8. Balance Praise and Discipline
    It is not up to a teacher to teach a child things like manners or respect – that comes from the home. And while a teacher should in no way diminish a child’s confidence or self-esteem, they’re also not responsible for ensuring a child is receiving sufficient praise at home. Make sure you find the right balance between disciplining your child when necessary, but also being their biggest cheerleader and providing praise and encouragement whenever and wherever necessary. This will lead to a teacher spending less time dealing with disruptive students, and spending more time engaging with a class where students have the confidence to participate.
  9. Know What Your Child Is Studying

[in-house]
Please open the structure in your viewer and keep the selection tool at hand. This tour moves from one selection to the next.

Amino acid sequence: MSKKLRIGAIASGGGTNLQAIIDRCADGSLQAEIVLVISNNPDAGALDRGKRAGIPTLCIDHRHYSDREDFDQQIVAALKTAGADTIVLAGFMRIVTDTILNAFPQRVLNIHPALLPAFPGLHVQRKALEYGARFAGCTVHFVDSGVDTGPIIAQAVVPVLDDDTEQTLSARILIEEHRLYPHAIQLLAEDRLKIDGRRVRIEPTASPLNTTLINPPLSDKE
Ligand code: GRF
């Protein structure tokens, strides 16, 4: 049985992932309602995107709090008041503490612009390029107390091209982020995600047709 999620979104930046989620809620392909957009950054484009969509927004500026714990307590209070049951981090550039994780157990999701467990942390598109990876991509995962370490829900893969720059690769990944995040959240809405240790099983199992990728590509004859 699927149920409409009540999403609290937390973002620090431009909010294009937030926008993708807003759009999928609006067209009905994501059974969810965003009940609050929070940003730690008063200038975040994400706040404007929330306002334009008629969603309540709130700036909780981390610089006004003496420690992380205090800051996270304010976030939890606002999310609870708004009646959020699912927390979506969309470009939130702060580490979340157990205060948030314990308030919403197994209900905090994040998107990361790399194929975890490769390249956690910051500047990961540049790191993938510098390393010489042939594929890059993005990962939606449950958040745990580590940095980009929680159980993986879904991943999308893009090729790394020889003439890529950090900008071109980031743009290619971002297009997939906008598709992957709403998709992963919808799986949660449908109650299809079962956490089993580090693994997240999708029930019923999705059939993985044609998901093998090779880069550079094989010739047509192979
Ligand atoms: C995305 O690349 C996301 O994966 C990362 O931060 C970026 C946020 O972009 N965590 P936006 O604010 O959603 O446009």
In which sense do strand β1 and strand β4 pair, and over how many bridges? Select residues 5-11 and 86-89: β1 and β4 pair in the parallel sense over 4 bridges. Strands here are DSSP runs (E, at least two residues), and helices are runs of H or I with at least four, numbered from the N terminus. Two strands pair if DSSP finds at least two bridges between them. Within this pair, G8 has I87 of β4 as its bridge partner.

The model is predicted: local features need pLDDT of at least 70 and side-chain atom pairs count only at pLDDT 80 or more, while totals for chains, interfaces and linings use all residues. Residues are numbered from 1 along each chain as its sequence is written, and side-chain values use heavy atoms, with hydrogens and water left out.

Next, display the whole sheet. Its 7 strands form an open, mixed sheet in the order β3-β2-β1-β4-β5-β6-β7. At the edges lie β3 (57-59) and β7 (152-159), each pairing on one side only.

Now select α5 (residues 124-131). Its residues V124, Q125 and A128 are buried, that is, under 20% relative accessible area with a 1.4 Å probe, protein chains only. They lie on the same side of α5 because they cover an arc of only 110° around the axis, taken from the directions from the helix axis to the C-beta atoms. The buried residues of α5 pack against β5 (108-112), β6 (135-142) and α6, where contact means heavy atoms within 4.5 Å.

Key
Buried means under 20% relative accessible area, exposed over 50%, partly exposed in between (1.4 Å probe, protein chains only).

One of the best ways to learn is by teaching, so having your child tell you about what they’re learning in school can really help boost their education as the mere act of talking to you helps them remember what they’ve done that day. It also helps you keep an eye on progress and identify any areas where they struggle.
    While it takes a village to raise a child, the same is true for educating a child, though the above steps can all contribute to boosting your child’s education and making sure they have the best possible opportunities.